By Lydia Gomez
KUALA LUMPUR: As the death toll from influenza A H1N1 rose to 51 yesterday, obesity has come into play as a possible factor leading to death from the illness.
The Health Ministry is concerned that the obese may be in the high-risk category after a pregnant 18-year-old housewife who died from the flu had no underlying condition except obesity.
Two of the 29 people in intensive care are also obese.
A 2006 national survey showed that 43 per cent of Malaysians were either overweight or obese -- excess body weight in the form of fat -- with the number growing rapidly because of the increasingly sedentary lifestyle.
"The obese may find themselves in the high-risk group for all viruses, including H1N1. Obesity is also the road to diseases like diabetes, heart disease and other chronic illnesses which reduces immunity," Health Minister Datuk Seri Liow Tiong Lai said when opening the Malaysian Association for the Study of Obesity Scientific Conference yesterday.
He said as obesity was linked to major illnesses, people should pay closer attention to food intake and exercise.
"Many are aware that they need to eat right but do not know how to do it. Many also know that they need to be physically active, but continue to lead sedentary lives."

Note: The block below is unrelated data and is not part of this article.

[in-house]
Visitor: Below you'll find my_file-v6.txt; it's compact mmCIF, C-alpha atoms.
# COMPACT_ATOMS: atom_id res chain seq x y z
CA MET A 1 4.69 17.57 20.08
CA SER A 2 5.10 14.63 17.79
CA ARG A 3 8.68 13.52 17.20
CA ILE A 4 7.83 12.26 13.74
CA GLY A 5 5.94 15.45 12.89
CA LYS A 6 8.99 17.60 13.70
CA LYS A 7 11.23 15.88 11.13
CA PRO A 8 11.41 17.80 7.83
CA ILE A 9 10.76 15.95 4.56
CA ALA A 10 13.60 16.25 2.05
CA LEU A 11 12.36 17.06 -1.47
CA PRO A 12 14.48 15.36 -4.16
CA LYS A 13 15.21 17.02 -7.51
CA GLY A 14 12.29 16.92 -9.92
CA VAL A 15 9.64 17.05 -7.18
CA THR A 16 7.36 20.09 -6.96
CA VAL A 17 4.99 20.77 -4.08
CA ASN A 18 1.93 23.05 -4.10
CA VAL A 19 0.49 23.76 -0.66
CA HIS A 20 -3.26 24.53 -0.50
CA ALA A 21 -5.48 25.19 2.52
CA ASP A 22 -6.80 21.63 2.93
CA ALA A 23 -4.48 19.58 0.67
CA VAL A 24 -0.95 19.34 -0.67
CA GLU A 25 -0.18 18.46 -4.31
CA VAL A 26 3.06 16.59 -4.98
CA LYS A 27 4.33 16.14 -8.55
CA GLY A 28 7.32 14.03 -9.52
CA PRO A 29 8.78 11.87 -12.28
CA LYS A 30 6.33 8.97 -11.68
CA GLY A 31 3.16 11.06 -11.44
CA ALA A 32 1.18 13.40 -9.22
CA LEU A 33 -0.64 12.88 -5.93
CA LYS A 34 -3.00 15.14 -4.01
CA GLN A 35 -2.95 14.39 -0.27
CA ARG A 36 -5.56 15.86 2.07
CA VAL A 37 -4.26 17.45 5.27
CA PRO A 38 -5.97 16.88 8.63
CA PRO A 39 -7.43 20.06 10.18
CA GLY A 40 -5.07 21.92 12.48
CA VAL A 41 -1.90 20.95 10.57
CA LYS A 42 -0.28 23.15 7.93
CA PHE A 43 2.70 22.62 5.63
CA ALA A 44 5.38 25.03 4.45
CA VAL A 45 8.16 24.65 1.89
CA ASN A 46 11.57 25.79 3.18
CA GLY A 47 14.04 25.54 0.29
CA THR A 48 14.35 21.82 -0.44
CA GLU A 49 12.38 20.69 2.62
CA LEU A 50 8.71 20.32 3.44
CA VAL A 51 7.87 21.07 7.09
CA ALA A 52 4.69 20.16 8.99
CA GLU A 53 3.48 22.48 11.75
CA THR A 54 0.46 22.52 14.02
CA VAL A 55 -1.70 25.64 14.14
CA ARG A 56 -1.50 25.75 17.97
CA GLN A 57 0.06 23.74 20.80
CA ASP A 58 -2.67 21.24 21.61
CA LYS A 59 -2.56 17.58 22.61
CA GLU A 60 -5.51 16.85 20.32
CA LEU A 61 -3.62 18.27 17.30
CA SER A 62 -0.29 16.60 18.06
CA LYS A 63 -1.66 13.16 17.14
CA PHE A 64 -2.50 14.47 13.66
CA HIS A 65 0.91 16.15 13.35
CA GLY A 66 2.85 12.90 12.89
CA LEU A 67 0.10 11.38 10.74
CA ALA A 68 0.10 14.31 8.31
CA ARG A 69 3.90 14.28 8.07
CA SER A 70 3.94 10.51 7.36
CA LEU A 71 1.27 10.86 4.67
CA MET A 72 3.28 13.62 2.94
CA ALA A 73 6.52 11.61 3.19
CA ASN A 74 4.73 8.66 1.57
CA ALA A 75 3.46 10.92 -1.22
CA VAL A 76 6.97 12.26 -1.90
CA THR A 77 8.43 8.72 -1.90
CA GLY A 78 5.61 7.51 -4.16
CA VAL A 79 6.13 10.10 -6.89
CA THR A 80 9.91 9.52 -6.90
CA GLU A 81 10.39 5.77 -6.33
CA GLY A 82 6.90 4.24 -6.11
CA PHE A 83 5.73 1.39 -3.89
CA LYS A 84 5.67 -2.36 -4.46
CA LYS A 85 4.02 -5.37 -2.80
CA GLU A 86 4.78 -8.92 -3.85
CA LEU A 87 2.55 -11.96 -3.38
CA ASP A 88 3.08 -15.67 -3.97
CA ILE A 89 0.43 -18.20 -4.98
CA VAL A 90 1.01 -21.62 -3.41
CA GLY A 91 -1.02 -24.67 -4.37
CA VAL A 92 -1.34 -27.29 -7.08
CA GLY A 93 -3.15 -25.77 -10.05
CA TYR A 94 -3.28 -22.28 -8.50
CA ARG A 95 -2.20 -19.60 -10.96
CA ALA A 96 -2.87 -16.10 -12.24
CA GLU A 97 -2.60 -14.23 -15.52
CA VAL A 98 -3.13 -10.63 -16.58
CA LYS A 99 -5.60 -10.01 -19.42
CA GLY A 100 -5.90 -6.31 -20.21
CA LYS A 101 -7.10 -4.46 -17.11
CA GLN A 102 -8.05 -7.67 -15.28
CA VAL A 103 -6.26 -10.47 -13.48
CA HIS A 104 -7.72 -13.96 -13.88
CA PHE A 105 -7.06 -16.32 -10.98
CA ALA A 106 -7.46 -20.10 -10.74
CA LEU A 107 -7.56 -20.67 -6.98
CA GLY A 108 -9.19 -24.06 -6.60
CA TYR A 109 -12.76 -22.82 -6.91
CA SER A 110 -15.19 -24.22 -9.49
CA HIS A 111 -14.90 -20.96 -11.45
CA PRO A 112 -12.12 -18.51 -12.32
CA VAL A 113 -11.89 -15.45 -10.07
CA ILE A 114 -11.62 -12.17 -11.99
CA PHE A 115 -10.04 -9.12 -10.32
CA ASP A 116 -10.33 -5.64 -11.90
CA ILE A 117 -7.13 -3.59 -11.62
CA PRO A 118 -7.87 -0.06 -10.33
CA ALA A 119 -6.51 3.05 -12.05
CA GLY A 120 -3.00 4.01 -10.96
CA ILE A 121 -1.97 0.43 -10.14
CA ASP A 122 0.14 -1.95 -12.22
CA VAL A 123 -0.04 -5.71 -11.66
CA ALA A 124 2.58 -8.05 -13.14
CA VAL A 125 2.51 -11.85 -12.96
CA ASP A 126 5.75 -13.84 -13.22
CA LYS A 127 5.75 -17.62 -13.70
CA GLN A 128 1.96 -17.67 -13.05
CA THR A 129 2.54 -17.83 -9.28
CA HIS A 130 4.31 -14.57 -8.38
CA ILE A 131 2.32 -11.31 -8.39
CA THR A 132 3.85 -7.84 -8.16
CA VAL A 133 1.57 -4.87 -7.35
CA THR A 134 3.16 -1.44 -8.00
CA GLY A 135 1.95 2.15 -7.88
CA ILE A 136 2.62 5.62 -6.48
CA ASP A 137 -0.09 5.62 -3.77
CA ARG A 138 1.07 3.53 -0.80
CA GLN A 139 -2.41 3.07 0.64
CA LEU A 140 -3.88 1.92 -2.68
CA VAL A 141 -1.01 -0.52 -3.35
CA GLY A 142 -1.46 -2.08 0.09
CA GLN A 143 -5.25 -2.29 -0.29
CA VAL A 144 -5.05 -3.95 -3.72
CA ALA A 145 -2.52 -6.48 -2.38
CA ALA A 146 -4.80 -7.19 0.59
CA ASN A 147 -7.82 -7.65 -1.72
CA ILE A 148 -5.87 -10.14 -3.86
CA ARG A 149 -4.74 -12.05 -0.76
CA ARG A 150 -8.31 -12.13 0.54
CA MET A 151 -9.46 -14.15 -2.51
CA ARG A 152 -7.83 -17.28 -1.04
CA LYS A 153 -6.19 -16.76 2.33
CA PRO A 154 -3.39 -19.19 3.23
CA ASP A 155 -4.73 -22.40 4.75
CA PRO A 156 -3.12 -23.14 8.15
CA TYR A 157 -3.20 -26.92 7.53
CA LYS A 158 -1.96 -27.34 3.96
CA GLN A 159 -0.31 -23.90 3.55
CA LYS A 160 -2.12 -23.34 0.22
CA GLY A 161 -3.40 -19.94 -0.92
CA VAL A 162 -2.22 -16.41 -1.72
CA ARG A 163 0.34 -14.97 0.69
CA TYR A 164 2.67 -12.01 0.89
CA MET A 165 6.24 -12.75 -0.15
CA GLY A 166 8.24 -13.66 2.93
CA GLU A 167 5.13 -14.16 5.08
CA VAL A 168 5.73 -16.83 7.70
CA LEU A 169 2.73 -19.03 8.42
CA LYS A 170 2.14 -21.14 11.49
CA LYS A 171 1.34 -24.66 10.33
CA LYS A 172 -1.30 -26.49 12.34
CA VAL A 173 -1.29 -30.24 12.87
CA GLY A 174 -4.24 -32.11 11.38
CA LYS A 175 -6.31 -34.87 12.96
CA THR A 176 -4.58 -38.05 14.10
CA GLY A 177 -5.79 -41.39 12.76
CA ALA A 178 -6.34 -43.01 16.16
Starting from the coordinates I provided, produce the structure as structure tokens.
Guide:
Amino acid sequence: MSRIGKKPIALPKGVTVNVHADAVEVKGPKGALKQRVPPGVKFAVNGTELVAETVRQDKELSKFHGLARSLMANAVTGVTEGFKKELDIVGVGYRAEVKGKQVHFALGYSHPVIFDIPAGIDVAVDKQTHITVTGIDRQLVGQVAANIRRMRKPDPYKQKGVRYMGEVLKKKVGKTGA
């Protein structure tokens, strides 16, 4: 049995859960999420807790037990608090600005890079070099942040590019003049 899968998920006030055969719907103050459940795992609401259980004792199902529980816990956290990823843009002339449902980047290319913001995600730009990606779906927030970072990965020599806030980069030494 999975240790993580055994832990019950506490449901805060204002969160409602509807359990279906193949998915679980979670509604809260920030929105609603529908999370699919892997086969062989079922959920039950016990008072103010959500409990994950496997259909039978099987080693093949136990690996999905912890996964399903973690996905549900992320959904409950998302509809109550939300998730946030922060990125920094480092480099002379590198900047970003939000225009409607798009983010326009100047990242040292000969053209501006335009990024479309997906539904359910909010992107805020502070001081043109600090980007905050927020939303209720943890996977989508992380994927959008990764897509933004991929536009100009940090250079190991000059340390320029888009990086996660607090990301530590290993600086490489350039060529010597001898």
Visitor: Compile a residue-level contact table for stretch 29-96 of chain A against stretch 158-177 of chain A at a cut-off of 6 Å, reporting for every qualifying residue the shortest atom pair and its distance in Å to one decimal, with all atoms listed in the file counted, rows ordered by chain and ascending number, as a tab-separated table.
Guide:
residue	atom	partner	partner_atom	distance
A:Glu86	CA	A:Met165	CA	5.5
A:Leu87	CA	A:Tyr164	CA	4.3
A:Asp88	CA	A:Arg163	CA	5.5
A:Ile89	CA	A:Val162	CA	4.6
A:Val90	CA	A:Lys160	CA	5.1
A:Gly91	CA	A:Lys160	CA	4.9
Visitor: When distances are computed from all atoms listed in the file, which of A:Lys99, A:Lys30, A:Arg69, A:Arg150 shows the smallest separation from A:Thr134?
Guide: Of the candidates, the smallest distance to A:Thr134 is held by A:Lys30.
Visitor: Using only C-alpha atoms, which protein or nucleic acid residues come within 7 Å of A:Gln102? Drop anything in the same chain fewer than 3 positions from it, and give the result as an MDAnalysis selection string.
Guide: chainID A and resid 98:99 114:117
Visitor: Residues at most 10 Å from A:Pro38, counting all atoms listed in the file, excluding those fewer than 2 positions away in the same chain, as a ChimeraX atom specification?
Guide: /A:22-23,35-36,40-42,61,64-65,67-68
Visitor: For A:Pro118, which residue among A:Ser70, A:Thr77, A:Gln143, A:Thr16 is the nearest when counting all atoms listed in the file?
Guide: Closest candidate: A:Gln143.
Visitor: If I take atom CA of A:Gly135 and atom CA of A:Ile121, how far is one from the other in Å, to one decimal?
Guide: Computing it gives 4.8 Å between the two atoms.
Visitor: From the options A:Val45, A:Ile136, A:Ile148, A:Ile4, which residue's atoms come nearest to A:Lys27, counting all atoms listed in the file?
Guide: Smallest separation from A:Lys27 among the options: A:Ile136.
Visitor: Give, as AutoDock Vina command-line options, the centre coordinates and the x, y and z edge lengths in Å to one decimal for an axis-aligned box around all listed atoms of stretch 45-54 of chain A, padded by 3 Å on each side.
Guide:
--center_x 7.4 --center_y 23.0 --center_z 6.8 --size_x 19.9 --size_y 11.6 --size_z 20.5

He said obesity, classified as a chronic disease, had become so common worldwide that it had replaced malnutrition and infectious diseases as one of the biggest causes of illnesses.
Liow added that he had included a budget for research into obesity and nutrition under the 10th Malaysia Plan.
"We will go heavily into preventive measures and focus on diet and a healthy lifestyle. But just campaigning in the media is not enough. We will go to the ground and engage communities and encourage non-governmental organisations to get involved."
Liow said he planned to strengthen this by placing nutritionists in public health clinics.
"We plan to get 300 nutritionists, but at the moment have only 50.
"We hope to reach that number by 2014," he said, adding that pharmacists too played an important role in advising people on food intake. - NST.